In The Childhood of Jesus, the first instalment of what now, somewhat surprisingly, proves to be J M Coetzee’s series of Jesus novels, we followed a strange boy named Davíd and his adoptive guardian, Simón, who had come on a ship across Lethean waters to the land of Novilla. In the voyage they had been washed clean of all memories of their earlier lives, adopting new names along with the Spanish language, out of which their episodic philosophical dialogues were all purportedly translated. In Novilla, a benevolent if not entirely appealing utopia of mild, passionless rationality, they sought, found and joined Inés, a woman whom they deemed to be Davíd’s mother.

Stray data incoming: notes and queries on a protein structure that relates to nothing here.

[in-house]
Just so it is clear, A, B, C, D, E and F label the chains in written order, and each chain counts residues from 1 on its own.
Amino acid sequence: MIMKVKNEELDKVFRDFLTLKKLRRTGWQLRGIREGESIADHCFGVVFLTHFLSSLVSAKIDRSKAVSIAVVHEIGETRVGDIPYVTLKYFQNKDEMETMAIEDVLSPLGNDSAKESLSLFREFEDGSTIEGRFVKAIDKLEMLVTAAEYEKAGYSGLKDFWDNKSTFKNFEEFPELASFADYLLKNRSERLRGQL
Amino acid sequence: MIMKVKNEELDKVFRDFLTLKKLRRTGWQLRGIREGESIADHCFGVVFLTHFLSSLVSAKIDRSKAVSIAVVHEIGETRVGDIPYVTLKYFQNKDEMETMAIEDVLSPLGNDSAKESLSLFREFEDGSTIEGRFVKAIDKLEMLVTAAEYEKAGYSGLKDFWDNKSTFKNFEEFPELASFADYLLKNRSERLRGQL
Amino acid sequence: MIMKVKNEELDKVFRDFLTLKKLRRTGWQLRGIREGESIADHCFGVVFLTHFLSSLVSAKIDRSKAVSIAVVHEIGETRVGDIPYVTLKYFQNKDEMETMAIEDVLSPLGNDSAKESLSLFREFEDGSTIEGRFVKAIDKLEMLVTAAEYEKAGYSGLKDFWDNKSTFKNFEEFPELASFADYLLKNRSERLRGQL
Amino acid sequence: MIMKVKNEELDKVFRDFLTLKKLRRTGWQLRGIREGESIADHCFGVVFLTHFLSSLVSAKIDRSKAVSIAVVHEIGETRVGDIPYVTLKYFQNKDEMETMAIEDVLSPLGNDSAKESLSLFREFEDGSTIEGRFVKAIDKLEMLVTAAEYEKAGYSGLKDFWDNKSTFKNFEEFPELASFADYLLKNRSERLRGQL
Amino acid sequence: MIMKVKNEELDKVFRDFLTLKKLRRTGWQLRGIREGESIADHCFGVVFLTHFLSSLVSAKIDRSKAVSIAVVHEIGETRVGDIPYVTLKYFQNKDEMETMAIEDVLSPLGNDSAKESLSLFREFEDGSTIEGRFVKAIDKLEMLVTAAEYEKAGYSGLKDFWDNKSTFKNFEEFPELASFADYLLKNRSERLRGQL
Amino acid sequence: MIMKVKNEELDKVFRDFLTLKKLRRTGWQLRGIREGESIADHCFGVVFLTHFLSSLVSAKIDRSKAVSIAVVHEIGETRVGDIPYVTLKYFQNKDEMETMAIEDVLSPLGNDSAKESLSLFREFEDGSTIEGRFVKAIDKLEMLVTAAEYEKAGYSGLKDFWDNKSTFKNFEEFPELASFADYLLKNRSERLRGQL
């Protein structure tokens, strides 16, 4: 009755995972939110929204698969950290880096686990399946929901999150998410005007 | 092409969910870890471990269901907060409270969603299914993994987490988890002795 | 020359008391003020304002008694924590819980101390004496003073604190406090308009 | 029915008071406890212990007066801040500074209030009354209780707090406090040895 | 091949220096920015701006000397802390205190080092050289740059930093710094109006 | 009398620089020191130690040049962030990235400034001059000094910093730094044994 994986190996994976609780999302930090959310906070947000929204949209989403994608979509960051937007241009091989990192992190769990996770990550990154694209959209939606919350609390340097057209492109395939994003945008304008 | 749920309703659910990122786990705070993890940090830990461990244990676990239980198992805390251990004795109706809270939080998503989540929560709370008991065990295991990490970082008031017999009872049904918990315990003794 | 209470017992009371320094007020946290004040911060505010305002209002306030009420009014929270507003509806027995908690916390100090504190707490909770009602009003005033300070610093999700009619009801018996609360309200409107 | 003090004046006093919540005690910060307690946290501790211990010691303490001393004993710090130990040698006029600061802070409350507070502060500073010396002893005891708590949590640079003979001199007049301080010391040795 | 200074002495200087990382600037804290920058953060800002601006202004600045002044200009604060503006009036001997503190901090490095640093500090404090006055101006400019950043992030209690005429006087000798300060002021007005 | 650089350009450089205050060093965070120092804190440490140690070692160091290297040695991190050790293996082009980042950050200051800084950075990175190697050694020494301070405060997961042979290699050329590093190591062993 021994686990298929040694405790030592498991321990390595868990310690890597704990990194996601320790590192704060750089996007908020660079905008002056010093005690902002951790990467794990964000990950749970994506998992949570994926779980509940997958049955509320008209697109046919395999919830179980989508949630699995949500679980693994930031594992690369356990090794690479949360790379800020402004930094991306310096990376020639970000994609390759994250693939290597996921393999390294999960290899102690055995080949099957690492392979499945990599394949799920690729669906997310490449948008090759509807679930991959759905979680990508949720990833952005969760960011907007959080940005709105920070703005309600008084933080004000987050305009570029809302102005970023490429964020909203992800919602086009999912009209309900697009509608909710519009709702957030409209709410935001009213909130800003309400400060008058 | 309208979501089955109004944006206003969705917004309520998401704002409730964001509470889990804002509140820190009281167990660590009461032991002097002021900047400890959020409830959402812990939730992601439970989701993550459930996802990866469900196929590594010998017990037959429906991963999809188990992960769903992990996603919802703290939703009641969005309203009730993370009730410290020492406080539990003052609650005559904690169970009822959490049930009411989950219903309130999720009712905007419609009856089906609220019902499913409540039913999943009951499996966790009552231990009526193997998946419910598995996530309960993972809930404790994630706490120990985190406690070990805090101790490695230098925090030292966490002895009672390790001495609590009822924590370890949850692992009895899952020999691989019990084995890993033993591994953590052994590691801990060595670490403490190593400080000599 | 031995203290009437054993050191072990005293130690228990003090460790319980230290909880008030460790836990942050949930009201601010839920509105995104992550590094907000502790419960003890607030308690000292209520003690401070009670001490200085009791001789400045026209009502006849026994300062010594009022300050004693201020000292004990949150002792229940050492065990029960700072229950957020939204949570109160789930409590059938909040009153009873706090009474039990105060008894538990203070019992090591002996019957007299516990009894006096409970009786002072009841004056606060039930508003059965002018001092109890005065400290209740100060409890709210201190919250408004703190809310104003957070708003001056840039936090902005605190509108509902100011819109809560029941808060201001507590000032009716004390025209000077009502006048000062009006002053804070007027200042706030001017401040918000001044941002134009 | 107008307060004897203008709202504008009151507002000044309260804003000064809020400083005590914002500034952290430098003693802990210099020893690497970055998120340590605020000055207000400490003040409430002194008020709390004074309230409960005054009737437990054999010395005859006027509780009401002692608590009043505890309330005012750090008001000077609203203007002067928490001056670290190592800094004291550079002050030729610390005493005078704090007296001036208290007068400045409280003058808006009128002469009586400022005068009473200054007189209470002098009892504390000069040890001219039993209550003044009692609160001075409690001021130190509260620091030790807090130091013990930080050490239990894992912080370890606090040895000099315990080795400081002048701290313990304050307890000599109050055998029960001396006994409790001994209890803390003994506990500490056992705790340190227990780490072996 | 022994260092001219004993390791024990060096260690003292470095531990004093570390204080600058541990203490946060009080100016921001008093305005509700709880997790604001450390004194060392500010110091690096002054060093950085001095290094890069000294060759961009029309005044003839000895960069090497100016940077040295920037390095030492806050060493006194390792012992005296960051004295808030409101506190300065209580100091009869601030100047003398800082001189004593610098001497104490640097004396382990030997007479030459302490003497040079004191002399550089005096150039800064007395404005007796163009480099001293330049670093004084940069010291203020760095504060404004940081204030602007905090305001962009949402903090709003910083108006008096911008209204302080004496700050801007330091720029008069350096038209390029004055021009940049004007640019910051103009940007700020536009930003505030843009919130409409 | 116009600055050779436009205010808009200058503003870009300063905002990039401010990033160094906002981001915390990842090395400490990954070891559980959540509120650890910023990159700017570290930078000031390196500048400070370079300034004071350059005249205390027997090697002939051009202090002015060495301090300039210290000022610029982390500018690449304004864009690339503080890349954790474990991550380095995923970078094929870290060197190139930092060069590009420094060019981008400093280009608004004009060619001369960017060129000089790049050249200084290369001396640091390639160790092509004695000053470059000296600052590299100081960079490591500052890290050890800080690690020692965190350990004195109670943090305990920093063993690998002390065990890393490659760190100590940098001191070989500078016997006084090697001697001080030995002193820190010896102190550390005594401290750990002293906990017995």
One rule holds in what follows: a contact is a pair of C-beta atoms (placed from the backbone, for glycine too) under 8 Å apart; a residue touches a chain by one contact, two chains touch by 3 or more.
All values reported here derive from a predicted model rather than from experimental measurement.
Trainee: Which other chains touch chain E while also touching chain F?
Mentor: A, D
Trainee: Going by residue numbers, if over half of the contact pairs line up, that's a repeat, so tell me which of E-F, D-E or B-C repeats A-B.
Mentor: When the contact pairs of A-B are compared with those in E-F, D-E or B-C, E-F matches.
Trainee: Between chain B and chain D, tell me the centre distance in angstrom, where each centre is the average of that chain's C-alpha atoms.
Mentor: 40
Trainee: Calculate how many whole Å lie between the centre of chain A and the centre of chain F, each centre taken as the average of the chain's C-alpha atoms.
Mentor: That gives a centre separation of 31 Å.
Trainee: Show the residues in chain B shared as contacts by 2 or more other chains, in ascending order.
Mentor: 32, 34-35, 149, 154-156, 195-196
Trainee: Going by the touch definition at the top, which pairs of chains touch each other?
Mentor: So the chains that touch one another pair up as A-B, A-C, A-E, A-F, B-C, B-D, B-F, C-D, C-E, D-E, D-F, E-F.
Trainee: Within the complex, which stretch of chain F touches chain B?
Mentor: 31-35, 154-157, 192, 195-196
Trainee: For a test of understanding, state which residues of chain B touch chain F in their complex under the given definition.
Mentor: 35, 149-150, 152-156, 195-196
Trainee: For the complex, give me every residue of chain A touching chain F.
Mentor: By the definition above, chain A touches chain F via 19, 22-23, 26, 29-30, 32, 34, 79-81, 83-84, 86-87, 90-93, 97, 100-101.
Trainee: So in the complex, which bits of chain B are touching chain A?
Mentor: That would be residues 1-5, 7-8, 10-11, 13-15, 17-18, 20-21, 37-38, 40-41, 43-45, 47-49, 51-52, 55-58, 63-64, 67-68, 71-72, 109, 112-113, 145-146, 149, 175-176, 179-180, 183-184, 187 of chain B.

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Perception is a weird thing. Lawrence Durrell saw Hydra as a ‘great horned toad’ but Henry Miller thought it resembled a ‘huge loaf of petrified bread’. Niko Ghika painted it as a series of neat white and orange squares.
The minimalist Fumio Sasaki 'confesses that as he began to purchase fewer consumer goods, his meals shrank in size. He decluttered and lost weight. Accumulation is not just an economic way of life but a form of embodiment too. Enlightenment is reduction.'
'The river’s desecration mirrors Colombia’s long history of violence: "for years we treated it like a sewer," says Ahmed, a survivor of a particularly brutal paramilitary massacre, "just like we treated each other".'
Patrick Wilcken on the Magdalena.